New Theme Development Company Makes First Sale Minutes After Being Approved on ThemeForest

Warriors Of Code is a new WordPress theme development shop in Australia. An employee who goes by the name Genesisfan on Reddit, published a post explaining how the company recently had its first theme accepted on ThemeForest and was willing to answer questions others had about the experience. According to the post, he spent the better part of six months with a designer he hired while working a full-time job developing Broadsword.

BroadSword Single Page View
BroadSword Single Page View

When asked what he thought of the ThemeForest submission and review process, he responded, “We were pleasantly surprised with how quickly they turned around our review, and the level of detail they provided in their soft rejection. Aside from some technicalities that we’d missed (being more specific about what features we supported), the biggest issue was that we were missing some data validation in our files. Make sure you use the esc_ and sanitize_ functions provided by WordPress!”

Once the issues were addressed, ThemeForest approved the submission and the team made its first sale within minutes of it going live. When asked what makes their theme different in the marketplace, he responded, “We kept the theme options to a minimum. We were both pretty tired of themes that include a thousand options and tend to be more like frameworks than standalone themes.”

Based on stats that highlight how well ThemeForest is doing, it’s not surprising that Warriors of code made their first sale within minutes of going live. However, the company used social media to its advantage, so it’s possible one their followers purchased the theme based on tweets. In fact, the company explains how they handled promotion:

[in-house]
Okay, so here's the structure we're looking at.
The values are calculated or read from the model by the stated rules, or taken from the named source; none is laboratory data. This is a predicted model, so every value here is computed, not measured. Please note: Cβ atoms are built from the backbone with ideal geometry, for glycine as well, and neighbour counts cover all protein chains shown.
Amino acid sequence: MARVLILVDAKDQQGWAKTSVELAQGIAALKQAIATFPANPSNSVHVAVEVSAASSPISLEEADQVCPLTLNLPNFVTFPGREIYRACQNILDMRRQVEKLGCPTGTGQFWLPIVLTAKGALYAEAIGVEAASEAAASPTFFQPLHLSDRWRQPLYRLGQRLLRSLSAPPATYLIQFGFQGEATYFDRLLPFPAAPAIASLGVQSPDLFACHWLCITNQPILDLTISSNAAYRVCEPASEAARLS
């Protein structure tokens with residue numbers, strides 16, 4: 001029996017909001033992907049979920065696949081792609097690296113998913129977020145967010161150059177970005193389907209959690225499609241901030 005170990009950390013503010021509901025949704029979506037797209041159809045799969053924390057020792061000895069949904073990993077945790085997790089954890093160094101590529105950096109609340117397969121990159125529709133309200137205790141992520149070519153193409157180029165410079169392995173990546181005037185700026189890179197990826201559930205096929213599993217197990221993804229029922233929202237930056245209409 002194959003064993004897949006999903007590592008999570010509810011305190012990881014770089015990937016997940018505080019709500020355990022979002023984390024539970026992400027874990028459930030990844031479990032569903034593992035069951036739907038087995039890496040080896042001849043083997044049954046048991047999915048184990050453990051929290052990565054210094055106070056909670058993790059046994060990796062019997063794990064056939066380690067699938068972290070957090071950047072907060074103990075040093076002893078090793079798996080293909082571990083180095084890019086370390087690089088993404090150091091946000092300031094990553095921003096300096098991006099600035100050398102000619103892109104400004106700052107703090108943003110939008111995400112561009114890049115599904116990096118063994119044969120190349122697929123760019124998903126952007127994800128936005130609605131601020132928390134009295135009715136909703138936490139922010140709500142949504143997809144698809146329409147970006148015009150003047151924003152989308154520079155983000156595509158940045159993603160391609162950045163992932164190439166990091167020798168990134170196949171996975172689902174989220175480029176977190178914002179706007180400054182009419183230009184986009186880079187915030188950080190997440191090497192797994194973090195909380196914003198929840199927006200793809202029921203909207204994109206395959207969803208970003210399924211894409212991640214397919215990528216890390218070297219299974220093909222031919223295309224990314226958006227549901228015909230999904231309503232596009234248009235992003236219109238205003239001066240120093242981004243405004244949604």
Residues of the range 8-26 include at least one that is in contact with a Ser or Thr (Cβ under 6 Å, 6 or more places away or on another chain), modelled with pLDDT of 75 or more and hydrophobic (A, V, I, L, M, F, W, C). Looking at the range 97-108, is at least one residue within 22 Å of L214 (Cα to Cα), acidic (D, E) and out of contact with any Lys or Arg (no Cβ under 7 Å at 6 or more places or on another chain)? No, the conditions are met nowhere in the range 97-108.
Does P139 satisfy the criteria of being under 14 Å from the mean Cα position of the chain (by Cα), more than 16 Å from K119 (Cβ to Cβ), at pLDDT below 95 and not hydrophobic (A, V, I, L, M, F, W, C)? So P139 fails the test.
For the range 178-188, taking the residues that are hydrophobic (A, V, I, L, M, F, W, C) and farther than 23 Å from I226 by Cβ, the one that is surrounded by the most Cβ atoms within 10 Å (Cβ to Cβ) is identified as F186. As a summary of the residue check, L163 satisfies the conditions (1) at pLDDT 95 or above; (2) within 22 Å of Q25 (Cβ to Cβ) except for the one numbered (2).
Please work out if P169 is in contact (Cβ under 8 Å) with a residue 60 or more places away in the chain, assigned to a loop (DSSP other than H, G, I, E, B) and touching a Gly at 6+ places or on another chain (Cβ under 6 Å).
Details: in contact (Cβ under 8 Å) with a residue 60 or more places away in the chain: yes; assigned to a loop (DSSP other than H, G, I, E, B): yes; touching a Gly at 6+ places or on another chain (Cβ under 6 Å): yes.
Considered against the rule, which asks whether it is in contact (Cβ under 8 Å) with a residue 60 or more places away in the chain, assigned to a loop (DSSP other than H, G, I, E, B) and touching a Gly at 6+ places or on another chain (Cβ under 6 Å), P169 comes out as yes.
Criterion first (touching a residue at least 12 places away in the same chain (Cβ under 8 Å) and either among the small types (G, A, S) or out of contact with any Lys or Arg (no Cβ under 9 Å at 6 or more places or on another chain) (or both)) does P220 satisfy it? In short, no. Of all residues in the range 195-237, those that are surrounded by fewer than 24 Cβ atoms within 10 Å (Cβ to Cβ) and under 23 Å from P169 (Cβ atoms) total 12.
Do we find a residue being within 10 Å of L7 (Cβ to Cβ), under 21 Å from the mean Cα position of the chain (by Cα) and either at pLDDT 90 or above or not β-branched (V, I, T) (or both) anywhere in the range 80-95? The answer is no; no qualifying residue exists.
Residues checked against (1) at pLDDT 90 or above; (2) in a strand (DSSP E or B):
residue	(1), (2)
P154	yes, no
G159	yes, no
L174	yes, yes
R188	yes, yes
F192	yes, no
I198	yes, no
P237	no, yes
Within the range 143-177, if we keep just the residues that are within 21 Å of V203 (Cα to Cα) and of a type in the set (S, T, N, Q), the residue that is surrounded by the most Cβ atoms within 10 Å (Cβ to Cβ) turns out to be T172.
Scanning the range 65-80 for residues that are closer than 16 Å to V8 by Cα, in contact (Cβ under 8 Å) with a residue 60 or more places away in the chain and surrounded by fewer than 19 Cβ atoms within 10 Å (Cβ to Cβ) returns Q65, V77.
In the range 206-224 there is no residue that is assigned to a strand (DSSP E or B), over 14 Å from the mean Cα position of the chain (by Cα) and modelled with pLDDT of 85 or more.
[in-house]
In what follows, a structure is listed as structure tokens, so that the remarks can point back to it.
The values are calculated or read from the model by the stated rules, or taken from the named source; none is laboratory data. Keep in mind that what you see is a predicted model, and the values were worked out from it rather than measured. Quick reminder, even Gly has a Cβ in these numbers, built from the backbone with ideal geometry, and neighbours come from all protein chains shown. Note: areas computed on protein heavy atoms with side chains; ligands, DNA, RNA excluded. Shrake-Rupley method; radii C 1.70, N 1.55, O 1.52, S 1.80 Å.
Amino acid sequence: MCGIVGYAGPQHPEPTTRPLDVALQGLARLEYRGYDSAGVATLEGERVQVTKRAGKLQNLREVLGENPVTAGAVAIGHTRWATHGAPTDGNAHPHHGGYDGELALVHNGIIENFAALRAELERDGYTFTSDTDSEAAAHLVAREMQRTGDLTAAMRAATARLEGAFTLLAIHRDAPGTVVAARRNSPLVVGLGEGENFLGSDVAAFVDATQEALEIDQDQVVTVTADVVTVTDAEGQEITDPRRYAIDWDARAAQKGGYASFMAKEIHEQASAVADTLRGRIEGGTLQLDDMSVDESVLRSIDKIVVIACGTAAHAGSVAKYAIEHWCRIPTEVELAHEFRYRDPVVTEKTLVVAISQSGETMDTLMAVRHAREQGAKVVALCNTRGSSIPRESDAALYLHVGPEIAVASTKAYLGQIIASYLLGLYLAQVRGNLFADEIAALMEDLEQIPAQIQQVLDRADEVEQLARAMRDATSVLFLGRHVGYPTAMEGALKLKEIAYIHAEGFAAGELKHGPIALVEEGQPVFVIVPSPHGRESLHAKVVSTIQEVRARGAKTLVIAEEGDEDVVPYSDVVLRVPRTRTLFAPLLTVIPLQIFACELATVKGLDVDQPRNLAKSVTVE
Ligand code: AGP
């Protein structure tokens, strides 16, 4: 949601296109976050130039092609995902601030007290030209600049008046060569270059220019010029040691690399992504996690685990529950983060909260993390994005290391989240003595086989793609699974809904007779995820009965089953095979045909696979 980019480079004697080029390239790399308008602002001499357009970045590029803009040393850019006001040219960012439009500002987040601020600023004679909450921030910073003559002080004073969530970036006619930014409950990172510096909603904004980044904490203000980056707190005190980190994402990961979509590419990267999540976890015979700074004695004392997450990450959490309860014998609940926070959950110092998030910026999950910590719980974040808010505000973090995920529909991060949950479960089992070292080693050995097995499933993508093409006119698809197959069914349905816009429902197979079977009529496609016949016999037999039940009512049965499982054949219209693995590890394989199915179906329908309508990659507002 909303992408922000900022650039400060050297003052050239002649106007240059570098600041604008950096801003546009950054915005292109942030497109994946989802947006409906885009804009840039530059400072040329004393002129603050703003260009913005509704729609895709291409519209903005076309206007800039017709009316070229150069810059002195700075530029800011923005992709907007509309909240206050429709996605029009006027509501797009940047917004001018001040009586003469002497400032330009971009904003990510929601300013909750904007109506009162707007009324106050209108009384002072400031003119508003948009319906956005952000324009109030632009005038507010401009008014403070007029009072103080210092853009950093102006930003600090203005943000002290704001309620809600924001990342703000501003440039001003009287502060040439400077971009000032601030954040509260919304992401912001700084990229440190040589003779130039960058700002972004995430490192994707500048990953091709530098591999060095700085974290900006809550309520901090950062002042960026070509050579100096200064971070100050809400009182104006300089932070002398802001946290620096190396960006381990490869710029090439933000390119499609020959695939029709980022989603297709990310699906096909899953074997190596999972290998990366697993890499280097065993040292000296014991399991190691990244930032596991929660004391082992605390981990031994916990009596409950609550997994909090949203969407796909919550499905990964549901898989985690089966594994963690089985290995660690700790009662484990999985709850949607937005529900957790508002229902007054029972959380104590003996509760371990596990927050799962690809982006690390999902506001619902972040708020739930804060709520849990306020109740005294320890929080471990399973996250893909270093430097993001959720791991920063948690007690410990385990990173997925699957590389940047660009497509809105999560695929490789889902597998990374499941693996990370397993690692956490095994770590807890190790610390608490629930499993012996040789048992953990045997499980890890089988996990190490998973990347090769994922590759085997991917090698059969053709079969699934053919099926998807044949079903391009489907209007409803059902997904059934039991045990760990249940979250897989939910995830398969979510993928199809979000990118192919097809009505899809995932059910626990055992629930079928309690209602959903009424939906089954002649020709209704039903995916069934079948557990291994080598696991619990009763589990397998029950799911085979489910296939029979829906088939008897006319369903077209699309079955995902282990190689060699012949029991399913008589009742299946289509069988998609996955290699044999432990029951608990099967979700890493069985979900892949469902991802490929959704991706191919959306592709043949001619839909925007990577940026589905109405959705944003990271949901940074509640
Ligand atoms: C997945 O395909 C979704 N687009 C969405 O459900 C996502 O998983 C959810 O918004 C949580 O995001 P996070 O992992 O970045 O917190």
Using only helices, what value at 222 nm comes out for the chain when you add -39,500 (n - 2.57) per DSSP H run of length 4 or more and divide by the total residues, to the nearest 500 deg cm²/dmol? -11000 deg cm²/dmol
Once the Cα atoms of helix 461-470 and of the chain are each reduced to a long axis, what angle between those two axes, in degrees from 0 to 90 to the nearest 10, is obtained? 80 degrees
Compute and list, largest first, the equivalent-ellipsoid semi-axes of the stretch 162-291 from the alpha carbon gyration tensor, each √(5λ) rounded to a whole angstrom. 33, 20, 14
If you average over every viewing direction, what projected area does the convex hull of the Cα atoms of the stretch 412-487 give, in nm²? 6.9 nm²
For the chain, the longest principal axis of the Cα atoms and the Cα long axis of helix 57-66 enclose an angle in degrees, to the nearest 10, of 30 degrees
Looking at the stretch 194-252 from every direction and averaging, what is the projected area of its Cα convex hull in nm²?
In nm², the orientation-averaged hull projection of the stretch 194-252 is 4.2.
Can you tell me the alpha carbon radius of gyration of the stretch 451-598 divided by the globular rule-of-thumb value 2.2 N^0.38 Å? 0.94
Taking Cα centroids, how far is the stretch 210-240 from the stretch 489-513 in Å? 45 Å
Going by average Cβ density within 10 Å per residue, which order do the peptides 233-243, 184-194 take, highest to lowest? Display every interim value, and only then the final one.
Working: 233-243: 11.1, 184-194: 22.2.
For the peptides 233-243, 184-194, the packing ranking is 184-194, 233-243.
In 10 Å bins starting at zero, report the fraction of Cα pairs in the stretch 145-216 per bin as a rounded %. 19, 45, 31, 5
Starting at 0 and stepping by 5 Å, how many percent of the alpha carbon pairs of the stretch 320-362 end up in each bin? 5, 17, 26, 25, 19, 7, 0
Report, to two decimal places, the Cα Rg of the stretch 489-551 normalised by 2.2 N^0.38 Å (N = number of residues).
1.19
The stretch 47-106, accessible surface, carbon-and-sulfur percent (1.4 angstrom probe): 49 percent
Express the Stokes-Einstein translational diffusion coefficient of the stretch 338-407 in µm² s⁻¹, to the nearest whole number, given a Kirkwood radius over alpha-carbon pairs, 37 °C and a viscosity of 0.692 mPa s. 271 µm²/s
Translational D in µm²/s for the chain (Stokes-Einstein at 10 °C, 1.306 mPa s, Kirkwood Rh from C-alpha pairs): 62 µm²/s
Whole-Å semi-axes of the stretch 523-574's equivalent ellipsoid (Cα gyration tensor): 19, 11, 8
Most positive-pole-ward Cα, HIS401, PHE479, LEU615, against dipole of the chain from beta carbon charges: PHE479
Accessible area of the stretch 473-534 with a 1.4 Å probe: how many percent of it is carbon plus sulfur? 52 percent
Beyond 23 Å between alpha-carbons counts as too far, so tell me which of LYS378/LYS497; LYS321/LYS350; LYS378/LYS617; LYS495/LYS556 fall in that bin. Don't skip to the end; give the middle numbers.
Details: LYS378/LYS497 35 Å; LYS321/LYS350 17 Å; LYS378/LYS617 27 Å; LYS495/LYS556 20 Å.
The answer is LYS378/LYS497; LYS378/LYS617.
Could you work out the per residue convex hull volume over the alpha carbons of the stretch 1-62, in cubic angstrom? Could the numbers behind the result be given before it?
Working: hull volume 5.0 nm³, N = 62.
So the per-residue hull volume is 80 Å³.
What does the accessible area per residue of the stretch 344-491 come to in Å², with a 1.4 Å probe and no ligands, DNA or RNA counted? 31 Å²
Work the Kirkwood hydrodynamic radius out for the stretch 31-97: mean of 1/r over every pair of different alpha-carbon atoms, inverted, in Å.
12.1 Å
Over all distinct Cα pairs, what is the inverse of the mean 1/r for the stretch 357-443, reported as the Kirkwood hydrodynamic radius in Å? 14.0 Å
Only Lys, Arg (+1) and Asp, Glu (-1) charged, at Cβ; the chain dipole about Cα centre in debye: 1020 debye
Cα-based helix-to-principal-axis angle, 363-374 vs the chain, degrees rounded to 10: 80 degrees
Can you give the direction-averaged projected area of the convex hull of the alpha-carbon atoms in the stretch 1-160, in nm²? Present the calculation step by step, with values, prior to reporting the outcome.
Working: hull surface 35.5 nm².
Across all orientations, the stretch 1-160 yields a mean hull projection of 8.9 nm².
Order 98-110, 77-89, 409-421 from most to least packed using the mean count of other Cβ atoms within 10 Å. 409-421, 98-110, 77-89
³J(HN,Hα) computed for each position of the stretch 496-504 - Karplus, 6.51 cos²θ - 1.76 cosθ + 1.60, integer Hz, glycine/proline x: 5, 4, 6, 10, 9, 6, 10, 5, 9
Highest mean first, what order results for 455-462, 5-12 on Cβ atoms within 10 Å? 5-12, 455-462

Regarding promotion, we’ve been tweeting it out and liking the facebook page we’ve set up and luckily, it’s now trending on ThemeForest. It helps that I’m on the east coast of Canada and my partner is in Sydney, Australia, so we’re able to pretty much cover comment replies quickly at any time of the day. I think that goes a long way to helping promote a positive vibe about the theme.

After 24 hours, the company has six sales at $43 each. It’s not a huge amount, but it’s a start. The big takeaways is that ThemeForest reviews are catching insecure coding practices and making the first sale is a quick endeavor, especially if you already have a social media presence. The company answers several other questions related to the experience.

We know that in this instance, ThemeForest did its job to discover insecure coding practices during reviews. It’s also refreshing to hear from an up and coming theme company that they’re tired of theme options. I haven’t used their product so I can’t confirm if its claims are true, but it’s a step in the right direction to see other ThemeForest sellers make such statements in public.

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  1. It’s not a new theme shop. They released the first template on Themeforest in December 2013. I like their approach though, I find themes with endless options a real headache.


    1. Hi Naweed. Yes, to clarify, this is the first WordPress theme we’ve developed, and it’s where we’re focused for the future. The only product prior to this was a photoshop template. Thanks for your comments!


  2. I’m impatient to see what would the numbers be in a week, month, and three months. This story seems to be one of the fewer examples of good developers joining ThemeForest and not wanting to build 100-in-1 themes, but having 7 sales in 2 days may be the indicator of what customers actually want.

    It’s great that Envato’s reviewers cover security issues and other compliant problems, but with a monstrous theme with 5 sliders, 3 galleries, WooCommerce support and 150 theme options it’s not possible to catch most of the potential gotchas. And that’s what most people sell since customers are looking for that.

    Also, let’s not forget that 7 sales for $43/each is $301, and Envato charges 50% for new authors, so it’s $150 worth of sales in the first two days. For a theme being developed for 6 months by two people as Jeff said, if sales don’t multiply by at least 100 (which won’t happen for sure), I don’t see it as the best investment myself.


    1. Hi Mario,